Preparations from peripheral blood leukocyte: In macromethod, draw in and eject 1 mL solution of 5000 IU heparin mL-1 in a syringe, thus coating its wall completely with heparin. Draw 20 mL venous blood into heperinised syringe and separate supernatant containing exclusively WBC. Study an aliquot of the supernatant in medium containing 30-35% of the individuals serum and 65-70% of basal medium and add 0.2 mL bacto-phytohaemagglutinin per 10 mL mixture. Distribute in test tubes, filling them to one-third of their volume. If required, inject a mixture of 5% CO2 and air before sealing the tube. Incubate at 37°C for 72 h; add two drops of isotonic colchicine solution at concentration at 0.4% per mL of the medium 2 h before harvesting. Another alternative method, micromethod was developed by several workers used only a few drop of blood (Edwards, 1962; Froland, 1962; Arakaki and Sparkers, 1963; Grouchy et al., 1964). The micromethod for culturing leukocytes (Moorhead et al., 1960; Lin et al., 1977) was used in chromosomal analysis for 200 breeding bulls of different breeds of cattle (Jersey, Holstein Friesian, Sahiwal and Cross-bred) and Nili-Ravi buffalo, maintained at Semen Production Unit, Qadirabad and Livestock Experiment Station, Bhunikey (Ahmad et al., 2004).
ABNORMAL KARYOTYPE IN CATTLE
Abnormal karyotypes arise from error in chromosome replication, fertilization or early cleavage divisions of the fertilized egg. In many cases, abnormal karyotypes have been observed in healthy and/or highly productive animals and likewise, many diseased and/or unproductive animals have completely normal karyotypes. The most important effect of abnormal karyotypes is their contribution to lowered reproductive performance through decreasing ability or complete failure to produce functional gametes, or death of embryos.
Abnormal chromosome number: Infertility and sterility in animals that have never been fertile is often the result of cytogenetic disease, particularly with regard to sex chromosome aneuploidy (e.g., XO, XXX, XXY genotypes). Cytogenetic analysis of such individuals is often necessary if an abnormality is detected, further diagnostic efforts can be avoided. As an indication of the importance of chromosome abnormalities in reproductive failure, 29 cases study of infertility in cattle summarized in a report (Blue et al., 1978). The lack of one X chromosome, the most common abnormality was reported in 12 cases. Animals that lack a chromosome are said to be monosomic for that chromosome. These 12 cattle are therefore said to be monosomic for the X chromosome. Their karyotype is written as 59, XO, with the O indicating absence of an X chromosome the condition is called Turners syndrome. All XO individual have a more or less normal female external phenotype (Gustavsson, 1980). The most common type of chromosomal abnormality is autosomal or sexual chromosome trisomy. Another abnormality detected in one of the 29 infertile cattle was the presence of three X chromosomes rather than the normal two. This example of trisomy for the X chromosomes and in the case of cattle with the external X, the condition is written as 61, XXX. Cytological examination revealed nondividing cells of X trisomics were seen to contain two Barr bodies, thus indicating that only one X in each cell remained active. Although the XXX cattle in that study was infertile, XXX individual were often fertile and had been reported as giving rise to offspring with normal karyotypes in cattle (Sysa et al., 1988, 1998; Switonski, 1992, 1998). Two 61, XX and one t (1:29) was reported from 57 aborted fetuses of six cattle breeds (Salam et al., 2002).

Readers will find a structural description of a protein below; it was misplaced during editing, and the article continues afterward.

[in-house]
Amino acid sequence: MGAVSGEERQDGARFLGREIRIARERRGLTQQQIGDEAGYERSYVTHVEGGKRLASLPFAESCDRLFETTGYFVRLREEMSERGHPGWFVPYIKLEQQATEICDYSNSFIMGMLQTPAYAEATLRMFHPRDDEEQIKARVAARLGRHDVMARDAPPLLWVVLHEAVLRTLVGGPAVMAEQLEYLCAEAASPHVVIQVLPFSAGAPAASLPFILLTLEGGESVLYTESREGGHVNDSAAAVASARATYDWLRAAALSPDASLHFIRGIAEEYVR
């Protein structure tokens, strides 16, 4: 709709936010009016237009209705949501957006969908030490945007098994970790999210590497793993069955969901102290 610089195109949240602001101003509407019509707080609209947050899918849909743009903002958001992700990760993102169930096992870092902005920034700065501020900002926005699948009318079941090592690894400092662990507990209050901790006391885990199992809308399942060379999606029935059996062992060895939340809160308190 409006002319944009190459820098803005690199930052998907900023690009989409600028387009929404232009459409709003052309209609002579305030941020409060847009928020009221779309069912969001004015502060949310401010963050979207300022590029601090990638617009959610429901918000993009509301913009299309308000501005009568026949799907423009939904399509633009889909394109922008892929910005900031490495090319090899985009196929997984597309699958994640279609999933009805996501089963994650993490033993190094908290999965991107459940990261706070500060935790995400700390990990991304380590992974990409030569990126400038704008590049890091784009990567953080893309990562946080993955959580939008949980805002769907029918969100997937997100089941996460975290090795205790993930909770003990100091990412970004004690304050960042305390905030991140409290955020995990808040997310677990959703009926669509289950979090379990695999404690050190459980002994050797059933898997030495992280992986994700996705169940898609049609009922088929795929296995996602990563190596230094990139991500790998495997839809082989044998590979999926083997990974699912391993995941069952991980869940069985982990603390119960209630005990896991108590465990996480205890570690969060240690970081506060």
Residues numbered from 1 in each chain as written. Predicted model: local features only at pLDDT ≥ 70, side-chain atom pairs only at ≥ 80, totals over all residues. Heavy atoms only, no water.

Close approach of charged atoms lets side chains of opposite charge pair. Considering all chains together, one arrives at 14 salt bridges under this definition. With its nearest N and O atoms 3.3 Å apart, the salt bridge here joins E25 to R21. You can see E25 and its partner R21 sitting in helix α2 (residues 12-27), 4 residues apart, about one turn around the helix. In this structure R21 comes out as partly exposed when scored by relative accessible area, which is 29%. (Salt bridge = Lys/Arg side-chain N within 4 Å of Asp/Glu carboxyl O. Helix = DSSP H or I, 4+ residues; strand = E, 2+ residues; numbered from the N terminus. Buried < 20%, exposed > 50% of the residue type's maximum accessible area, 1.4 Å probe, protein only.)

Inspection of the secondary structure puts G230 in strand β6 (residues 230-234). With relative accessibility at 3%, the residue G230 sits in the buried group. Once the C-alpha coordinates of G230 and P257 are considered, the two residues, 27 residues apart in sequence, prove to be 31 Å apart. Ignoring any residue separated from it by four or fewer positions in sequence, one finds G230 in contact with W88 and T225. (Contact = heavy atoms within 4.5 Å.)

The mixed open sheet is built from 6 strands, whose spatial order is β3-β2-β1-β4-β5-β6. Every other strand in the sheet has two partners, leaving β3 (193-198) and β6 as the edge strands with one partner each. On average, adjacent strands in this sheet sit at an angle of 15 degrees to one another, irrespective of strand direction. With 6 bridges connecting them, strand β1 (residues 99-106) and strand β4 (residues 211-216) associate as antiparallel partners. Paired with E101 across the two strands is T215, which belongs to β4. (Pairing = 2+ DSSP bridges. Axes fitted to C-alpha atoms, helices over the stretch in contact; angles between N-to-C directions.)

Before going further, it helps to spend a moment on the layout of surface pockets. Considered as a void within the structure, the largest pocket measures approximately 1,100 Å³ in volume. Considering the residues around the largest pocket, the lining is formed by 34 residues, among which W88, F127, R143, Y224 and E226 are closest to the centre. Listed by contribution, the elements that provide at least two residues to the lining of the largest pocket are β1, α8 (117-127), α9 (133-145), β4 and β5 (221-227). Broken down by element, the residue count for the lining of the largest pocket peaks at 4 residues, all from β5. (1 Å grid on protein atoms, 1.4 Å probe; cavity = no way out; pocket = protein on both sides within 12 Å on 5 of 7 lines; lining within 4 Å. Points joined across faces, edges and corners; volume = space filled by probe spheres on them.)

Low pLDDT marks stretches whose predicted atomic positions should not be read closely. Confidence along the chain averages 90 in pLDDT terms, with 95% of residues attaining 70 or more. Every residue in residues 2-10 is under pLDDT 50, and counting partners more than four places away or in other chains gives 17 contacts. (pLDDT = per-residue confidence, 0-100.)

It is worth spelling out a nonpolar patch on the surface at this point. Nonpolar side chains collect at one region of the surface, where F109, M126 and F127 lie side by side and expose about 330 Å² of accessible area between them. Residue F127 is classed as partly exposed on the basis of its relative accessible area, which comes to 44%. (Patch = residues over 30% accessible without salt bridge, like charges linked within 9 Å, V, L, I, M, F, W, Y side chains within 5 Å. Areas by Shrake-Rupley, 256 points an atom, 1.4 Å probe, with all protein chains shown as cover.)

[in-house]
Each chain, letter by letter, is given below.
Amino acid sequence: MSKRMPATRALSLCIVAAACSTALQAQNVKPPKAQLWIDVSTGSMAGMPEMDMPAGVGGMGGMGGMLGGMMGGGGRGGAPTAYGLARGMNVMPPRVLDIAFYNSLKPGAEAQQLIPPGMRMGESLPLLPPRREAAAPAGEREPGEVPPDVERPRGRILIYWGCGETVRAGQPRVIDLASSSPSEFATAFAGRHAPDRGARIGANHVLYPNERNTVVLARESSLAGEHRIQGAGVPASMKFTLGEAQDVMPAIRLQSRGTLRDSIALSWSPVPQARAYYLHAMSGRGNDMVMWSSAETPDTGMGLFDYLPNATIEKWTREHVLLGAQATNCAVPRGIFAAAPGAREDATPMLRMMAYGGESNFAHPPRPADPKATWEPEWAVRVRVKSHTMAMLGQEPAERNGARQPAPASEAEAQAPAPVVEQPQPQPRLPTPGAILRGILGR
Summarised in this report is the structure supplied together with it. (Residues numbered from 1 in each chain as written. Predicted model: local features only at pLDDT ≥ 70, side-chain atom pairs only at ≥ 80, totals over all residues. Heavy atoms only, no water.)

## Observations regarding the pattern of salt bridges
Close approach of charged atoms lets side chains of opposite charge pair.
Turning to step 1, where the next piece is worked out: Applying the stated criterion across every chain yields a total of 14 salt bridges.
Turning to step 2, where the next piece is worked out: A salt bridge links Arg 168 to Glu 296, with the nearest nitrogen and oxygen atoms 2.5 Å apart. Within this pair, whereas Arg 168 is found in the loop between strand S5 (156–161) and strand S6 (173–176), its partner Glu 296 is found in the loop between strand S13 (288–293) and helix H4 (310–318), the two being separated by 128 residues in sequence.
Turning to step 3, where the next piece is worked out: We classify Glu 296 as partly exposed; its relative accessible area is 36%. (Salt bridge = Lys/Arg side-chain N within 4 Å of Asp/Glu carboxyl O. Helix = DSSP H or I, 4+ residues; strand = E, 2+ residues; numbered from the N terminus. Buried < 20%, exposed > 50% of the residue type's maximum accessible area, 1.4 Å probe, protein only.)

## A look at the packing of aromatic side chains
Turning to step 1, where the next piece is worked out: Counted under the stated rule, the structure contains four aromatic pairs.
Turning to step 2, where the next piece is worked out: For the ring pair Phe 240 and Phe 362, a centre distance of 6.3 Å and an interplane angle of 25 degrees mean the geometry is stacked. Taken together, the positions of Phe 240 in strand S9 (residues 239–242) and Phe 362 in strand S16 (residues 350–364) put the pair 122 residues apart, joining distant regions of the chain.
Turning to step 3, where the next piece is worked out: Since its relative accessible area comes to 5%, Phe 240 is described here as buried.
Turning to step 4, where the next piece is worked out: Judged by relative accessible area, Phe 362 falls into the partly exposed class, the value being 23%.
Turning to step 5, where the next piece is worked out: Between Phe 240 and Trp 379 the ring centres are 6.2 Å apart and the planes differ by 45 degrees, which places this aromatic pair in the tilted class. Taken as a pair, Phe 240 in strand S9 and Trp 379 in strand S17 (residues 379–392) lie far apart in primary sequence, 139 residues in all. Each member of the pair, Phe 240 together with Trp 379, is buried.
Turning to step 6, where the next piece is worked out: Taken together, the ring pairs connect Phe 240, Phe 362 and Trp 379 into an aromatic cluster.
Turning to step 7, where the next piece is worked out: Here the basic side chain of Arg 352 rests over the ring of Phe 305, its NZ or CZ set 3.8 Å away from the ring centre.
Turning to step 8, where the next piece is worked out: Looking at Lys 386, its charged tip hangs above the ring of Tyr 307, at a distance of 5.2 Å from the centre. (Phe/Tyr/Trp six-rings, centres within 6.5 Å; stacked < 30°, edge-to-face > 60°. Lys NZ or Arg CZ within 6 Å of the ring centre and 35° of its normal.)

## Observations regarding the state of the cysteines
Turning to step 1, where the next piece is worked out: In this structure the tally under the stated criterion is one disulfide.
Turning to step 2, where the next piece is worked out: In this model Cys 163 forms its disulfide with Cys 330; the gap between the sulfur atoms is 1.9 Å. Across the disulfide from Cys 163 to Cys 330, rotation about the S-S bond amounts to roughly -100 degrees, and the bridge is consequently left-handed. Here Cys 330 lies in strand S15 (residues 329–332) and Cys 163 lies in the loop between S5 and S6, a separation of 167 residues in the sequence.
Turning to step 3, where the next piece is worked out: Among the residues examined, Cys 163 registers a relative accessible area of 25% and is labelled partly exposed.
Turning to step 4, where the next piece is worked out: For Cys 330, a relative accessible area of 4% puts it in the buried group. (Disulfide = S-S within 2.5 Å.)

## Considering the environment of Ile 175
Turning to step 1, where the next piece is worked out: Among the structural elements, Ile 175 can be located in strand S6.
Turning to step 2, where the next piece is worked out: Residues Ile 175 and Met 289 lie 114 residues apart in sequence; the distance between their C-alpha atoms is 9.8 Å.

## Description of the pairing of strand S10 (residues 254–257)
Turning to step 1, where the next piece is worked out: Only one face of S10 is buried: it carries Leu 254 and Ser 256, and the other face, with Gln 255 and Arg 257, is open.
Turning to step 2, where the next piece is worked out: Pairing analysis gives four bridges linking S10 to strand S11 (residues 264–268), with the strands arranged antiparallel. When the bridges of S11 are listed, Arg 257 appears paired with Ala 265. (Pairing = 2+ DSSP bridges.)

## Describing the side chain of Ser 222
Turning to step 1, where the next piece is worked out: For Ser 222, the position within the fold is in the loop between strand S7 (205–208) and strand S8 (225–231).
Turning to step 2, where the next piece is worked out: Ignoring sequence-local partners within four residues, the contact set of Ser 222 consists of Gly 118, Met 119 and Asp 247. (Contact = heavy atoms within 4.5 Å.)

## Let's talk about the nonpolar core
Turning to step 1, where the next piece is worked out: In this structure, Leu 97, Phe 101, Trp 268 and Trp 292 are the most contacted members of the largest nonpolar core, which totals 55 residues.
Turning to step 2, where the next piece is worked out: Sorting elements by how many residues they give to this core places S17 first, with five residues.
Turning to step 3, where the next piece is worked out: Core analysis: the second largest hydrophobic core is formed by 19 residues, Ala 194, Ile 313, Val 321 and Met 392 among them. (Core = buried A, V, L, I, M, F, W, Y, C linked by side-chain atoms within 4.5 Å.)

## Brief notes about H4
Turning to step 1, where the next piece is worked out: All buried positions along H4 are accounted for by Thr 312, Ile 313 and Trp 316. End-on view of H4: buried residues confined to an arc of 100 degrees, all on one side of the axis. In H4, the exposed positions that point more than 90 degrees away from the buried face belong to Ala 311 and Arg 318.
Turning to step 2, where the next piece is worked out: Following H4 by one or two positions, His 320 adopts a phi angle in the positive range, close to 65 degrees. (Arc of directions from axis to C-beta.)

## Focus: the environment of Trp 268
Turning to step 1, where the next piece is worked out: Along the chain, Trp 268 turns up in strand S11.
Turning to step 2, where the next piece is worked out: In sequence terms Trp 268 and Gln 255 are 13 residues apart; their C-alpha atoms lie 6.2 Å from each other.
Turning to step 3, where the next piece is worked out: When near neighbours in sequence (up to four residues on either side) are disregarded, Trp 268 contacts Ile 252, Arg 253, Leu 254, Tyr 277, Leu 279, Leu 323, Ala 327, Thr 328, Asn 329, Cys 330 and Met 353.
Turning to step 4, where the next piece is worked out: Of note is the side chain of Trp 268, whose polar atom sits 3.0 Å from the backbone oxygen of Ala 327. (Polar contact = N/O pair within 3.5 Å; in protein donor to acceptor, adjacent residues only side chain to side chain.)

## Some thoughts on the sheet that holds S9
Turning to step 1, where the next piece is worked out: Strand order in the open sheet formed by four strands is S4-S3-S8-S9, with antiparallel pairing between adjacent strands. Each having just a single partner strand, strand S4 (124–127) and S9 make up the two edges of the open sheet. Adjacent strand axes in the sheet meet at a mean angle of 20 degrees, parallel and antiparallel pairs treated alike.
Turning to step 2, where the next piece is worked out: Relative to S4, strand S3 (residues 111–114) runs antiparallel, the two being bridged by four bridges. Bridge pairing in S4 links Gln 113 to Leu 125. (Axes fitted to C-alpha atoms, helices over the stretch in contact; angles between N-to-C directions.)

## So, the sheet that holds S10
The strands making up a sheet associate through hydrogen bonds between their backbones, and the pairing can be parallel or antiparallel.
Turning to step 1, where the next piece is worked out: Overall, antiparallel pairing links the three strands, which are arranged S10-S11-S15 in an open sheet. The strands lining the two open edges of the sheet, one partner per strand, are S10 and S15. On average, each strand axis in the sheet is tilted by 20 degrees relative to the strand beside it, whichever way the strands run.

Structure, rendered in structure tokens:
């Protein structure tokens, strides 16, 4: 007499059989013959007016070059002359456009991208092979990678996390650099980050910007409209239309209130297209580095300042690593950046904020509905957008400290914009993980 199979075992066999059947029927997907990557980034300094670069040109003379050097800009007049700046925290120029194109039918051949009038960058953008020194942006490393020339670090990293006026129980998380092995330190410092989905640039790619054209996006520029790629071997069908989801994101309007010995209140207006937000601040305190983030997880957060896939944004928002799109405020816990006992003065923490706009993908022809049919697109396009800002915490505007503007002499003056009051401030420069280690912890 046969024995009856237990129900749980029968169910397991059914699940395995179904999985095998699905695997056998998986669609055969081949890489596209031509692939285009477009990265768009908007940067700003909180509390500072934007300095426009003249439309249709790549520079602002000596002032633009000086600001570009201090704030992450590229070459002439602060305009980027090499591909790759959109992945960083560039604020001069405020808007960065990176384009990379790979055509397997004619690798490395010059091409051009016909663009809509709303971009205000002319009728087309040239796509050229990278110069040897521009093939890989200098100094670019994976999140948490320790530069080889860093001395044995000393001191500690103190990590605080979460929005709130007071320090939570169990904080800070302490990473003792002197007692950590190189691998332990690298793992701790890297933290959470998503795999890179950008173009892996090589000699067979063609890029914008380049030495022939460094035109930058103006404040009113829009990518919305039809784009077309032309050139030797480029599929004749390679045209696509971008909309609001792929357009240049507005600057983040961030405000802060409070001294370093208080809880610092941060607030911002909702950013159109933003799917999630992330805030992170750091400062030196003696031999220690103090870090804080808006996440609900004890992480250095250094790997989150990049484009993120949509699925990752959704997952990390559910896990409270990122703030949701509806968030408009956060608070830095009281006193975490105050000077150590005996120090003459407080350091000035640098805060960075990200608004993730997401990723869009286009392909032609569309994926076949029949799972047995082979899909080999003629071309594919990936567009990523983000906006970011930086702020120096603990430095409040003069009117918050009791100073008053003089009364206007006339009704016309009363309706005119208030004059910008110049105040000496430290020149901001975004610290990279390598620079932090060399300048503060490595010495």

XO and XXX individuals arise from non-disjunction, which failure of the chromosomes or chromatids to disjoin during meiosis. Non-disjunction can occur with any of the autosomes or with the sex chromosomes. In the letter case, results of non-disjunction differ depending on the sex of the individual in which meiosis is occurring and in cattle, whether non-disjunction occurs during meiosis I or meiosis II. With males, however, four different types of unbalanced sperms can result, depending on when non-disjunction of sex chromosomes occurs. As an indication of the range of different types of sex chromosomes aneuploidy that have been detected in domestic species. Aneuploidy of sex chromosomes is usually associated with sexual abnormalities. Non-disjunction of the sex chromosomes has been shown to exist in cattle but has not been readily documented. Non-disjunction is caused by failure of chromatids to separate during meiosis (Eldridge, 1985). This condition is comparable to the Klinefelter syndrome (XXY) in humans. It has been found in humans that Klinefelter syndrome originates from non-disjunction during maternal or paternal meiosis (Lorda-Sanchez et al., 1992). In bulls, it is characterized by underdevelopment of the testicles and the animal is usually sterile (Eldridge, 1985). Cows over 9 years old have higher risk of abortion because they are more prone to non-disjunction and numerical chromosome problems (Arifuzzaman, 2003).